Nikita Krushchev’s memoirs claim that the invasion of Korea was the brain child of Kim II Sung, the North Korean dictator. Stalin, initially wary, had allegedly gone along with the plan because he permitted himself to be convinced that the enterprise would easily succeed. Both Moscow and Pyongyang had failed to understand the role of values in America’s approach to foreign policy. It was a dangerous cocktail of headstrong American values (more of paranoia) and expansionist aspirations that led America into the Korean Peninsula and the first major battle of the Cold War.
North Korea hasn’t changed much since the 1950s, but America has and so has the world. In Kim Jong-Un, we have a dictator who is very young, in a society where elders are revered, but politically very shrewd – “Perhaps the shrewdest” if I may be allowed to use one of Trump’s superlative narratives. In Trump, we have a leader who is a loose cannon, who threatens nuclear war over tweets, calls his allies and enemies all sorts of names, a narcissist who is not very good with the specifics of aesthetics or the English language, a megalomaniac who is convinced that he is God and people are jealous and constantly trying to conspire against him. Which is why, the Singapore truce seems more a Molotov-Ribbentrop pact between Stalin and Hitler more than the Munich agreement, which included at least one sensible and sane leader. The Molotov-Ribbentrop pact was a secret agreement between the USSR and the Third Reich, restraining the overarching influence of the Third Reich in Eastern Europe. It was more of a self-restrainment agreement, in which both parties decided to not invade Poland. The object of the pact was not to bring peace, but to self-restrain themselves from killing each other, and its violation by Hitler triggered World War II.
The Singapore truce is much on similar lines: two madmen pick up a fight, and agree to not annihilate each other. The truce was arrived at after repeated threats and intimidations on both sides, and turns out, that Trump did manage to make Kim Jong-Un surrender to his tweets of “fire and fury”. What must be noted is that the Korean Peninsula has not yet been denuclearised, as was Trump’s pivotal promise, it is still “in the talks” and might “potentially happen”, since Trump pitched the idea after the signing of the agreement, which didn’t contain anything about denuclearisation. However, and much to the huge credit of the both, the following were agreed upon:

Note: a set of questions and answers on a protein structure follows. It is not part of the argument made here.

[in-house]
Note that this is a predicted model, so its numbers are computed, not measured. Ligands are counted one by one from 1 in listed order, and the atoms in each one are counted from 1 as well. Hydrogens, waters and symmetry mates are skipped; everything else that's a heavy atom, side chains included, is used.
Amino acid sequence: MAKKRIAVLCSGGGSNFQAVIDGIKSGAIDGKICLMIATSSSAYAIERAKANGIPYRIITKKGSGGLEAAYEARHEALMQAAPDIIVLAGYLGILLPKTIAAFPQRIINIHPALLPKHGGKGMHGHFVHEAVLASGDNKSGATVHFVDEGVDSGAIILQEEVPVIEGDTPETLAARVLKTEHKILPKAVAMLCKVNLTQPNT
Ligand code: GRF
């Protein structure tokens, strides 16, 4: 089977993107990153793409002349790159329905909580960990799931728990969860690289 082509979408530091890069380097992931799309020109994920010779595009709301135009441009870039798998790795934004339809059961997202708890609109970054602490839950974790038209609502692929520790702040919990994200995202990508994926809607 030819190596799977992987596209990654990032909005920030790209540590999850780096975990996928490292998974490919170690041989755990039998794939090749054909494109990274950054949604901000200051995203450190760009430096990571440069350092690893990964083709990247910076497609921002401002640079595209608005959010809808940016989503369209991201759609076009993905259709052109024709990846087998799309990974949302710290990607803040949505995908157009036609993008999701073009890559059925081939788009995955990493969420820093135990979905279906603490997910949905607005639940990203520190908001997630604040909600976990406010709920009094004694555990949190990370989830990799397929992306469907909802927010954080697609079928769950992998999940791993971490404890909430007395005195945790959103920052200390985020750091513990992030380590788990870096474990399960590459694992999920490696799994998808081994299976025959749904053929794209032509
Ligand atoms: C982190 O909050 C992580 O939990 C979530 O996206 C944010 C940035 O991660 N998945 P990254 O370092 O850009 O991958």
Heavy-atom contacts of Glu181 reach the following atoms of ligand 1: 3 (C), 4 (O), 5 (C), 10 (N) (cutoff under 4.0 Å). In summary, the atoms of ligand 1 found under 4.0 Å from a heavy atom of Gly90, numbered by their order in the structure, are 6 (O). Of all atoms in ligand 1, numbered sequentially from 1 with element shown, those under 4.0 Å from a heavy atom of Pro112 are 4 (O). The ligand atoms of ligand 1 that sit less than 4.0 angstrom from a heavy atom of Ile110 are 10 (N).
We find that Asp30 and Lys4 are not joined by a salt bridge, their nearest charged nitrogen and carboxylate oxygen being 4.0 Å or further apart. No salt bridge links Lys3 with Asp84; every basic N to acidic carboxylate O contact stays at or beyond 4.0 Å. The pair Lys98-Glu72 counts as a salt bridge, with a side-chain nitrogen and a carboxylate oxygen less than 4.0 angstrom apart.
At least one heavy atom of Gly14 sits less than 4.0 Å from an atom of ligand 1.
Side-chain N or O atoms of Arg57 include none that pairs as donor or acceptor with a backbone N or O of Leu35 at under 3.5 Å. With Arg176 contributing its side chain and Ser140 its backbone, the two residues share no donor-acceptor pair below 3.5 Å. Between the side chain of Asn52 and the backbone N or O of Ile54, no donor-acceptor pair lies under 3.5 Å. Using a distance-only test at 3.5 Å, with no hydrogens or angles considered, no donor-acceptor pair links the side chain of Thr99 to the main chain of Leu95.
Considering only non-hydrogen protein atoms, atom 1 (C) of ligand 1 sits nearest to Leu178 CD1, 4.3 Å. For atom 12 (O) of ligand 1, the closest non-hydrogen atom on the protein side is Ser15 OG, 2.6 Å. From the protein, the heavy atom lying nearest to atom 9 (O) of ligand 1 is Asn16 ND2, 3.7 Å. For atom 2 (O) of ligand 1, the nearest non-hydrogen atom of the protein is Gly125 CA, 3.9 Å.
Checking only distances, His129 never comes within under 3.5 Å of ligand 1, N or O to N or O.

- The United States and the DPRK commit to establish new U.S.-DPRK relations in accordance with the desire of the peoples of the two countries for peace and prosperity.
- The United States and the DPRK will join their efforts to build a lasting and stable peace regime on the Korean Peninsula.
- Reaffirming the April 27, 2018 Panmunjom Declaration, the DPRK commits to work towards the complete denuclearization of the Korean Peninsula.
- The United States and the DPRK commit to recovering POW/MIA remains including the immediate repatriation of those already identified.
This is a giant leap for the world at large, and Trump deserves all credit for this. In very monumental terms, this may be one of the biggest diplomatic histories in the history of world politics, and one to be celebrated with gusto for sure. However, if this is the “peace for our time”, only time will tell, since what the world needs and demands is that Kim Jong-Un’s nuclear warheads which he treats like toys must be dismantled and that the North Koreans be brought out of their caves and gulags. What is deeply concerning is Trump’s affinity for dictators, and we can only hope that he doesn’t forget that he is dealing with a mass murderer. A similar mistake was made by Roosevelt and Churchill with Stalin, although the times then were very compelling. Let’s not forget that Trump’s ‘art of the deal’ ends with ‘you’re fired!’
Swagat Baruah is a write/editor at Catharsis Magazine.